Home' Otago Southland Farmer : September 7th 2012 Contents 12
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The old and the new
By COLIN MORRISON
Whilst the rudimentary layout
of a shearing shed has hardly
changed in the last 100+
years, the arrangement of the
milking shed has been totally
transformed. This is due not only to
ongoing technological innovation,
but also to the greatly increased size
of New Zealand dairy herds.
I used to love visiting the small town-
supply farms around Canterbury to
carry out milking machine repairs.
Many of these farms had been in the
same family for generations, and not
only were the milking parlours weird
and wonderful, compared to a
modern day farm dairy, the area
around them were usually dotted
with all sorts of buildings in various
states of disrepair, literally full to the
brim with all sorts of treasures'
stored away for future use'.
I recall one particular farm where an
outbuilding housed a complete
blacksmith's shop - furnace, bellows,
anvil, and tools hanging on the walls.
If you could ignore the years of dust
and cobwebs, it was as if the
blacksmith had just stepped out for a
minute. Sadly the majority of these
farms have been swallowed up by
urban sprawl and the growing
intensity of the milking industry in
The modern day dairy farm has a
farm dairy which has been
intelligently designed to ensure a
good cow flow, worker comfort,
good lighting and good hygiene -- a
far cry from some of the old
concrete block or wooden buildings I
had serviced. Many of the new
buildings contain offices, rest room
and even space for young children to
be placed in a safe environment
whilst Mum and Dad milk the cows. A
well thought layout will allow the
farmer to increase milk productivity,
eliminate stress on the cows and run
a farm dairy that is efficient and very
easy to keep in immaculate
condition, which in itself will also
eliminate stress on the dairy worker.
Modern day building materials, steel
framing -- a necessity for height and
weight loading, and new building
techniques, coupled with the use of
such products as insulated sandwich
board panels make new dairy sheds
functional and aesthetically pleasing.
A typical "sandwich panel" is made
up of a metal skin containing a core
of either mineral wool, polystyrene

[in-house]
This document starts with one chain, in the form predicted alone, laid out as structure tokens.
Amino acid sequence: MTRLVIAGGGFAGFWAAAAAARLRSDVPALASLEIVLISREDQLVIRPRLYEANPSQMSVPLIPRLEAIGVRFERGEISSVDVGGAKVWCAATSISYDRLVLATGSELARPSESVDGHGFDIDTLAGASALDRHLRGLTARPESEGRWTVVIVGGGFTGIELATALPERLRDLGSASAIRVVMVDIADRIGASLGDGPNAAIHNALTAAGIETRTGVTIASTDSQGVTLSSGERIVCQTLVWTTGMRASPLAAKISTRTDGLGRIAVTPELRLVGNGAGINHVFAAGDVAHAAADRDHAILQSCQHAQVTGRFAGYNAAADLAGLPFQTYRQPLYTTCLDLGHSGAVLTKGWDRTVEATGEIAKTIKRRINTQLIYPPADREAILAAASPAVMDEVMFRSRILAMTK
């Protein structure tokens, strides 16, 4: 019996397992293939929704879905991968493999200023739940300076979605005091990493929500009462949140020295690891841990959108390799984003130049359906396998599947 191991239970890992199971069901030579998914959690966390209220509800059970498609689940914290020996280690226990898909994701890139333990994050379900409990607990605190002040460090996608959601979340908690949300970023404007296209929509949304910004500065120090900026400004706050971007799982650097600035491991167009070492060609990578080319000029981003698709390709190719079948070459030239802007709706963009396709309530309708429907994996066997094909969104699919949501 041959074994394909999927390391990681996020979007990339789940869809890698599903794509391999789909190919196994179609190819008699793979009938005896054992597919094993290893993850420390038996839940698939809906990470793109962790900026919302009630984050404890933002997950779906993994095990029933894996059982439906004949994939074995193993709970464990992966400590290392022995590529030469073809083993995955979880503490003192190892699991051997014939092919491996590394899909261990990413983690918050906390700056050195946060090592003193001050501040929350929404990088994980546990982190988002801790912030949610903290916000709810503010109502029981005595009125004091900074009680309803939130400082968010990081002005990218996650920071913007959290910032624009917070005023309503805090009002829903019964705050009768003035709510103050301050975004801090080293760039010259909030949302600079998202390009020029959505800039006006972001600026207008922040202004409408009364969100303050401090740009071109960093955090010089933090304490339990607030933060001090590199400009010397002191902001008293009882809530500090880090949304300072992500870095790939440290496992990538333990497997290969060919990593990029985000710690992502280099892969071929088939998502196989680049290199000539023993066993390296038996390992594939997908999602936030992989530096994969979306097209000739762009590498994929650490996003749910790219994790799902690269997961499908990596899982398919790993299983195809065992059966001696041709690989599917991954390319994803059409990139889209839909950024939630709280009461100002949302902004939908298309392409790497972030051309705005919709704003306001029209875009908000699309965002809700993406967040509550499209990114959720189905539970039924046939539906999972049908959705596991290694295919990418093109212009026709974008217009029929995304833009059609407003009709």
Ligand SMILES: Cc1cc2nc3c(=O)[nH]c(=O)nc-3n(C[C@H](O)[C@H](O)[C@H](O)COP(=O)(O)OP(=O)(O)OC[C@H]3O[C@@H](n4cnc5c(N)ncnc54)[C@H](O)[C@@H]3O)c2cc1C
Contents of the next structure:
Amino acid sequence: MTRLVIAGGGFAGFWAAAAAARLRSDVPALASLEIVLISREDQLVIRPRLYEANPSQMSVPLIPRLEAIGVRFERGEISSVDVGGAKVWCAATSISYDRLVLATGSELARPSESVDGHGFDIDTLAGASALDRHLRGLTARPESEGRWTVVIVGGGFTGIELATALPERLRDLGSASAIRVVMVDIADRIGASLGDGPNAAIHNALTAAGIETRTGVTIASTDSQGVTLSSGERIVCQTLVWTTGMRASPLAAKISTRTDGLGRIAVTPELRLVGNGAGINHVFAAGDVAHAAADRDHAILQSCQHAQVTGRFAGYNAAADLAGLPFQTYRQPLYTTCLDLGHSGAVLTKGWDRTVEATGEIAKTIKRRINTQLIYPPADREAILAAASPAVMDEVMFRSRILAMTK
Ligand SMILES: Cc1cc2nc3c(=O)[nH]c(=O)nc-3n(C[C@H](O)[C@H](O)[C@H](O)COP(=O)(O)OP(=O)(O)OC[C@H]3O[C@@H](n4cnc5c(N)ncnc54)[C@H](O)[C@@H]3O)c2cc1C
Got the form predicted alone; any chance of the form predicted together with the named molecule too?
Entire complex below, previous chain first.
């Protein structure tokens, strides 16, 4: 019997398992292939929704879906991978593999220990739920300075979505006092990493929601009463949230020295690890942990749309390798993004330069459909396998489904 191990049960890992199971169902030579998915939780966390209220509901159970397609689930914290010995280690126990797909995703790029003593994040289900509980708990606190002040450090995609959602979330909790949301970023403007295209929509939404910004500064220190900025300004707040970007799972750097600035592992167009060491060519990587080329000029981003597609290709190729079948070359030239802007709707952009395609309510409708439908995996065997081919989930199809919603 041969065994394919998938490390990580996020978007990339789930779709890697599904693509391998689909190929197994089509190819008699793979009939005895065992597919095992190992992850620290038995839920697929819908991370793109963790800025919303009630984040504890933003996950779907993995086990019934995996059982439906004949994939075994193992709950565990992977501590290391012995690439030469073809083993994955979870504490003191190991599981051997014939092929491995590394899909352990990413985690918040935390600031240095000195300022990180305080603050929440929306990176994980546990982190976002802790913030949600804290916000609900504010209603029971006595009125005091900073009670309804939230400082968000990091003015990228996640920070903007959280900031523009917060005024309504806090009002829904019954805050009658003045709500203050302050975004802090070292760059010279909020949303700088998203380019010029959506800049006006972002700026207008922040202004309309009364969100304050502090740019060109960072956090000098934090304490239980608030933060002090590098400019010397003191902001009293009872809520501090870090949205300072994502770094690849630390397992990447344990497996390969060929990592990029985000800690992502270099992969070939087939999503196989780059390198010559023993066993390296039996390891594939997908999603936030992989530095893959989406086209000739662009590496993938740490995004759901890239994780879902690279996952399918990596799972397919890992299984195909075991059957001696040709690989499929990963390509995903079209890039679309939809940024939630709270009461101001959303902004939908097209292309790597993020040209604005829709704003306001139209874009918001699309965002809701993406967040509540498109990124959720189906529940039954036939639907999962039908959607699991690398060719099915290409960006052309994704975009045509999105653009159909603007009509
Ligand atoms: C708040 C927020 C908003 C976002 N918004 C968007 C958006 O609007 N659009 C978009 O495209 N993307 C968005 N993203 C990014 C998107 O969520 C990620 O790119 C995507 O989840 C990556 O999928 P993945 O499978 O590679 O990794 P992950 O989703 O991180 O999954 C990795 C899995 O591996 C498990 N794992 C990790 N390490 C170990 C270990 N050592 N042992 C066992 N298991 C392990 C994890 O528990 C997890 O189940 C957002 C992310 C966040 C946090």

(EPS), polyurethane (PUR),
polyisocyanurate (PIR) or other such
"hybrid" materials. Polystyrene filled
sandwich panels offer very
economical solutions for achieving a
reliable temperature control and
provide a coated and hygienic
surface which can be washed down
frequently to maintain the hygiene
which modern day dairy farming
Nothing can stop the march of
progress and the new dairy sheds
are a pleasure to work in, however
there is a little bit of me which
misses the old and sometimes
ramshackle buildings, which just
oozed history and character.
Farmers warned against gas drilling
Activist says farms in Australia hard to sell after exploration holes made
By ELYSIA TILBROOK
Doom sayer: Australian environment campaigner Drew Hutton.
Farmers should be concerned
about the decreased value of their
farms if coal seam gas exploration
went ahead in the Waimea Valley,
an environment campaigner said.
Australian environment cam-
paigner Drew Hutton was in Gore
talking to people about the
Government's planned explo-
ration for coal seam gas.
The Waimea Valley Tender Block
covers 1214 square kilometres of
Bids for oil and gas exploration
permits in the area close mid
October, with an announcement
on successful bids due in mid
It was Mr Hutton's view that coal
seam gas would ''absolutely''
decrease property values as gas
exploration had affected proper-
ties in Queensland, Australia,
over an area 250km wide.
''Not one property with gas has
sold in the past two years,'' Mr
Hutton said. Hundreds of holes
could be drilled on farmers'
properties in the search for traces
of coal seam gas, which could
have an impact on farmers, he
said. ''I want farmers to lock the
gate and refuse access until it can
be proven to be safe.''
Farms, water resources and
culturally significant areas
needed to be protected, he said.
It was up to New Zealand to
develop a good strategy to deal
with the proposed exploration of
coal seam gas.
New Zealand should not model its
mining operations on what was
happening in Australia.
In Australia a big problem with
mining exploration was water.
If coal seam gas exploration were
to take place in areas where the
water systems were vulnerable
then it could have a negative
impact on water supplies, Mr
Hutton said. Fracking was a
popular topic at the moment.
''About 40 per cent of wells are
fracked but even when fracking
doesn't occur there can still be
Fracking caused massive pres-
sure in the ground to blow apart
the coal seams, he said.
Mr Hutton has been on a
nationwide speaking tour sharing
his experience of working with
farmers threatened by coal seam
gas and underground coal gasifi-
cation in Queensland.
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